Is law school worth the price of admission?
Most lawyers don't make enough to justify the cost of law school.
Guess what a first-year lawyer right out of law school makes at a major law firm. For major firms outside of New York City, the starting salary is $145,000, plus a bonus that can add $20,000 to the total package. For major firms in NYC, starting salary can hit $160,000 or more, with bonuses as high as $40,000. Welcome to the world of big law (salary source: FindLaw).
But here's the kicker: The high salaries may not be worth the cost of law school.
I was one of those crazy kids who actually knew what he wanted to do by the eighth grade. Having sat through a criminal trial with a friend of mine whose dad was a cop, I knew then I wanted to be a trial lawyer. Post continues after video.
And sure enough, nine years later I entered law school. Three years after that I started in the litigation department at a major law firm making an eye-popping $70,000 a year. (This was 20 years ago.) After eight years of sometimes 80-hour weeks, I made partner. (Some say making partner is like winning an eight-year pie-eating contest, only to learn that first prize is more pie.) Two years later I quit to go in-house at a public company.
Today, I'm no longer in private practice, and I find running The Dough Roller far more rewarding than practicing law. In fact, I probably would have wanted to be a blogger in the eighth grade, but the Internet didn't exist back then (at least not in the form it exists today).
All of that history brings me to today's question: Is law school worth the price of admission? For most, the answer is clearly no.
Let's first take a look at the cost of law school. The folks at U.S. News & World Report publish an annual ranking of the top law schools. The ranking includes the per-year cost of each law school. For 2010, the top law school is Yale, which sports a per-year cost of -- drum roll, please -- $48,430. Even the lowest-ranked schools cost $30,000 per year or more. Multiplied by three years, and the top schools will set you back about $150,000. This doesn't count the cost of an undergraduate degree, which is required to get into law school.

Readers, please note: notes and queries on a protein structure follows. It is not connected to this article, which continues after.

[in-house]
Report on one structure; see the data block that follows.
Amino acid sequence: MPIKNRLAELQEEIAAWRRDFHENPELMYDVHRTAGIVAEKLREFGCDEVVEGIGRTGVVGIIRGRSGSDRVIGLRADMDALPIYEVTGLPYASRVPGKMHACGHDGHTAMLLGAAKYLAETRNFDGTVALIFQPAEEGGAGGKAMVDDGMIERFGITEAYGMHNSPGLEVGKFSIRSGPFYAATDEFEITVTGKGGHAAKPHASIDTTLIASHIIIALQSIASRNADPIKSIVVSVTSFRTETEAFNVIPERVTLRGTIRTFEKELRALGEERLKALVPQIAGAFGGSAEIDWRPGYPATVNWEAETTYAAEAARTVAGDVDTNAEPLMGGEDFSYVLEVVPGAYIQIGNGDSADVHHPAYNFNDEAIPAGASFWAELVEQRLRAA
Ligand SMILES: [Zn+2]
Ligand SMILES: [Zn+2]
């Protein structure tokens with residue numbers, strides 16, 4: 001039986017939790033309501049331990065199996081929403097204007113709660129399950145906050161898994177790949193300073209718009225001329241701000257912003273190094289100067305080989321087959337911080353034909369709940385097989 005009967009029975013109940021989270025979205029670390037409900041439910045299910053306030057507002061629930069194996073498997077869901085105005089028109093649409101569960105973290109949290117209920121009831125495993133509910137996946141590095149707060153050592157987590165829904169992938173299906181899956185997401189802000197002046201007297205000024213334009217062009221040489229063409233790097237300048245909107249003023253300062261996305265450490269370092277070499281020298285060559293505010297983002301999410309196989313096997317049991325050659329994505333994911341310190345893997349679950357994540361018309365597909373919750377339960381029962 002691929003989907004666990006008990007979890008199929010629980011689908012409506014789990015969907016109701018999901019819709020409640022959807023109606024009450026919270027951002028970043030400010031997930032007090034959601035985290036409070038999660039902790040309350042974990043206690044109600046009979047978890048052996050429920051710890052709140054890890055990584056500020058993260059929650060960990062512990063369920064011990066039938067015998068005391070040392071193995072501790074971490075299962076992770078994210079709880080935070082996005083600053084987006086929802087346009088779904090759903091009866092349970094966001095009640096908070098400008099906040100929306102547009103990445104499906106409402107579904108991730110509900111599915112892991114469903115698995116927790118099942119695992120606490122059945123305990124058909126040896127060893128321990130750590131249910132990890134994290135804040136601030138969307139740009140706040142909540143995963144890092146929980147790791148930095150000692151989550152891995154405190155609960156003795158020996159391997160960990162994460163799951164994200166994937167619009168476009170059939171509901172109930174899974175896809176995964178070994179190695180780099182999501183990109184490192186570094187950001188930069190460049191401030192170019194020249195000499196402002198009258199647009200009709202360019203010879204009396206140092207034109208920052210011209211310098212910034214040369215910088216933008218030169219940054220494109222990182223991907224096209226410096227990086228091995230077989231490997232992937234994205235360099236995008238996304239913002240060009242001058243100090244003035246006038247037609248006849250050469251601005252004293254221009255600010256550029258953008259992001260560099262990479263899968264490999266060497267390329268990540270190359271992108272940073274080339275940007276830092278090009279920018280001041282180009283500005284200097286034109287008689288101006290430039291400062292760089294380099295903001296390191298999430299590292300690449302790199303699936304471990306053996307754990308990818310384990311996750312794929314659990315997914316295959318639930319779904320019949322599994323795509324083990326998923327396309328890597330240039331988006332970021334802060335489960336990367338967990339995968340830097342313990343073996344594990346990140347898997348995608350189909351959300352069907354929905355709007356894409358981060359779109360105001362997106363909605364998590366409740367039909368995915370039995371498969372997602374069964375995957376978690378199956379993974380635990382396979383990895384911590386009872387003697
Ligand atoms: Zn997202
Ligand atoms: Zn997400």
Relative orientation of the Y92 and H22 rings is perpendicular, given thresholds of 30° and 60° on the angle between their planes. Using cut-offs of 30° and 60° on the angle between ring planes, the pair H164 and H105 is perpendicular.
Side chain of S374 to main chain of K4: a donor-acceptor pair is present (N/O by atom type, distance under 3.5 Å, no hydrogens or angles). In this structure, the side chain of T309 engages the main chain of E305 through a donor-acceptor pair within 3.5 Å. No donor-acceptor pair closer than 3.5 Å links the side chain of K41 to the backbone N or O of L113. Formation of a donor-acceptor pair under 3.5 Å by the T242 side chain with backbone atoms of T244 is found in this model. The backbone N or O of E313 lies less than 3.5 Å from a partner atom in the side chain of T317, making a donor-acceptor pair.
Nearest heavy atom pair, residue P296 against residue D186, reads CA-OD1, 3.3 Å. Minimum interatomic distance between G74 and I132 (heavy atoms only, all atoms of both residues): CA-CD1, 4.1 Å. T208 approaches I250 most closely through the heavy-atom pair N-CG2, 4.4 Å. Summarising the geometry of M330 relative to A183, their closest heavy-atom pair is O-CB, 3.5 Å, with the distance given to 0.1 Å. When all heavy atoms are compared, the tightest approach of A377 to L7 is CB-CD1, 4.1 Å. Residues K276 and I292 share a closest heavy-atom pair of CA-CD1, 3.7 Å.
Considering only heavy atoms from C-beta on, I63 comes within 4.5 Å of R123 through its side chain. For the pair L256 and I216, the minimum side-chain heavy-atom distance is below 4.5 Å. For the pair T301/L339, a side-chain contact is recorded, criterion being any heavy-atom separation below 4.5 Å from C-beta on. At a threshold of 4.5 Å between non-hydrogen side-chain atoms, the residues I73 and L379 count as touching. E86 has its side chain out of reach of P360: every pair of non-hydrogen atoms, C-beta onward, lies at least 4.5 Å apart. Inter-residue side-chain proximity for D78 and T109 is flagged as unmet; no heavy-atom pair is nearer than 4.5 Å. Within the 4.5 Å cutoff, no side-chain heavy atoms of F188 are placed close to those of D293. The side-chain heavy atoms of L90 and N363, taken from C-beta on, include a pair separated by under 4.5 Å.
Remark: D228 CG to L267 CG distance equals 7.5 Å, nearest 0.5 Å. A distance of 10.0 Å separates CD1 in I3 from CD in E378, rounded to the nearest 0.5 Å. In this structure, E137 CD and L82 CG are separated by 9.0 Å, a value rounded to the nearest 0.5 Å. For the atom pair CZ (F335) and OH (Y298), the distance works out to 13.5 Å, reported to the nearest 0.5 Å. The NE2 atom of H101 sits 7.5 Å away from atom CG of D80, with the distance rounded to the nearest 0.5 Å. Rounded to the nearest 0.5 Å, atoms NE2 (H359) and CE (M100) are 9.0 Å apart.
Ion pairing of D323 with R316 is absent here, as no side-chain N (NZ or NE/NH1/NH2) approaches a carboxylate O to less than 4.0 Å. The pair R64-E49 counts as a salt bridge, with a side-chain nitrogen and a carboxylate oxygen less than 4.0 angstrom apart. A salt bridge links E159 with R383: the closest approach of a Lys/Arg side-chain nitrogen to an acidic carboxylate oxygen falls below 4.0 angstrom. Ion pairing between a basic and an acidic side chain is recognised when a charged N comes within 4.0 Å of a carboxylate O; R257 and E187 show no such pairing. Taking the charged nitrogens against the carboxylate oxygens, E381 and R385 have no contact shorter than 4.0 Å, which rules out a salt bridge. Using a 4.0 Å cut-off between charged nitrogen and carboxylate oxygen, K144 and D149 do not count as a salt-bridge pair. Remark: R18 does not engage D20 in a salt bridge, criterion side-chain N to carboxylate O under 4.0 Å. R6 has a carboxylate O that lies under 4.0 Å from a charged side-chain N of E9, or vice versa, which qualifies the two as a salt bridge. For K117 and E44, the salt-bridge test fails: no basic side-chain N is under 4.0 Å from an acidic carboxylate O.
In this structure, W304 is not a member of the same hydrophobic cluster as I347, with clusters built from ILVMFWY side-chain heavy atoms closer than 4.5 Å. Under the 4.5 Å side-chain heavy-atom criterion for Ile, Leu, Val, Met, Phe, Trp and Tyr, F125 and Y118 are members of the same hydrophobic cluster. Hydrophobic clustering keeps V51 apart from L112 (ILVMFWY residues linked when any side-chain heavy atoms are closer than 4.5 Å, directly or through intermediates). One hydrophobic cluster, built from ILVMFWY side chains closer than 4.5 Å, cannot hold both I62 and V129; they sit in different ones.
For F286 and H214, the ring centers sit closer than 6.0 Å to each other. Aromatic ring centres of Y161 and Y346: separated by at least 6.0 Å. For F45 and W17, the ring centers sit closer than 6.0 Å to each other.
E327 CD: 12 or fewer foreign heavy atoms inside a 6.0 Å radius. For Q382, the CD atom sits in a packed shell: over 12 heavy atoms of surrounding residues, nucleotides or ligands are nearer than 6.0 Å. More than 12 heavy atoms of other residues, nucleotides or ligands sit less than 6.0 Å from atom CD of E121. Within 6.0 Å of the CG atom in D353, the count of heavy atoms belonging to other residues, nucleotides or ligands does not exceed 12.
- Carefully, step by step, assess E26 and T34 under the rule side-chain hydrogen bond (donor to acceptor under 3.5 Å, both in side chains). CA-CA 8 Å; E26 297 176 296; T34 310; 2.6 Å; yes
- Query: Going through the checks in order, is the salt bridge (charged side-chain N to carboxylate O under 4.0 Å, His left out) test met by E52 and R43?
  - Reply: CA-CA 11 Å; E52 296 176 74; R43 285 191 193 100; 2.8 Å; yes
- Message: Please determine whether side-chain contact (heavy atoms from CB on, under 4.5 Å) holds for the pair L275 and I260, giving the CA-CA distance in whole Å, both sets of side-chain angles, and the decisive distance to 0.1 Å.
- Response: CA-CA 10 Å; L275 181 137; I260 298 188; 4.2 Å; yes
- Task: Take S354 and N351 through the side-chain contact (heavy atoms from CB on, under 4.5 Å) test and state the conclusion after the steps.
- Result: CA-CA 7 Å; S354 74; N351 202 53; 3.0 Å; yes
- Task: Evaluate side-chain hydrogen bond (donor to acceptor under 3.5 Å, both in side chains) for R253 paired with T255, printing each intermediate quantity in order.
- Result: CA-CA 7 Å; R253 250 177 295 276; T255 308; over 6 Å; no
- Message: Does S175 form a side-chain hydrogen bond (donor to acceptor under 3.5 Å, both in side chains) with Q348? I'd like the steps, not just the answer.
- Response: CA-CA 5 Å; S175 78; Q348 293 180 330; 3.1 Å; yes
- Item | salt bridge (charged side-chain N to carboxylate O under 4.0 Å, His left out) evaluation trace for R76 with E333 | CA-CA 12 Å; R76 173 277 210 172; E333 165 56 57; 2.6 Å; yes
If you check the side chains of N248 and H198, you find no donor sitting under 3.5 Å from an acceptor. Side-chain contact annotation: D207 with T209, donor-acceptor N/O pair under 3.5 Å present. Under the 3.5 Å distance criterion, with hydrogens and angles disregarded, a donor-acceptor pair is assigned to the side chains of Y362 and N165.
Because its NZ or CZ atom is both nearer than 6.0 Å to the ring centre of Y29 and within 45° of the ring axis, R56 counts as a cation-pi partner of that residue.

Now, from a pure numbers perspective, a $150,000 price tag is probably money well spent if you get a job at a major firm, stay there for eight-plus years, and make partner. But that's a big if. First, just to get one of those jobs requires that you attend a top-25 law school and finish in the top 25% of your class. (And if you want to work at an elite firm, you'd better attend a top-10 law school, write for the school's law journal, finish in the top 10%, and clerk for a federal judge.) Anything below the top 25 or the top 25% in your class and, with few exceptions, you can forget about the big salaries at a big firm.
And even if you land a job at a big firm, don't go in with eyes wide shut. My experience at a big firm was actually very good. I got great trial experience, which, believe it or not, is unusual for associates at most large law firms. The other attorneys I worked with were terrific, and many are still good friends today. But that being said, work at a big firm isn't easy. Expect 50- to 60-hour weeks to be the norm, and 70- to 80-hour weeks a regular reality. Travel can be daunting. And the odds of making partner are bad and getting worse.
Now, a big law firm is not the only way to make a good income with a law degree. I have good friends who make an excellent living as sole practitioners. I know others who make a great living working in-house at large companies. And there are still others who make a good living in industry or government. In fact, one of the most valuable aspects of a law degree, in my opinion, is its versatility outside of the practice of law.
Still, $150,000 is a lot of money to pay for versatility, not to mention delaying your entry into the work force by three years. And here's the reality: Most lawyers don't make enough money to justify the cost of law school. According to PayScale, the average income of lawyers nationwide (not right out of law school) ranges from $58,000 to about $110,000.
Imagine how long it would take to pay back $150,000 in school loans (plus undergrad loans) on a salary of even $100,000.
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Just for the record, I'm not complaining here. I have no complaints about my work as a lawyer, or even the law school loans that I continue to pay. But if you or somebody you know is considering law school, make sure you think through the financial ramifications thoroughly before making your decision.
For the lawyers out there: Do you think the cost of law school was worth it?
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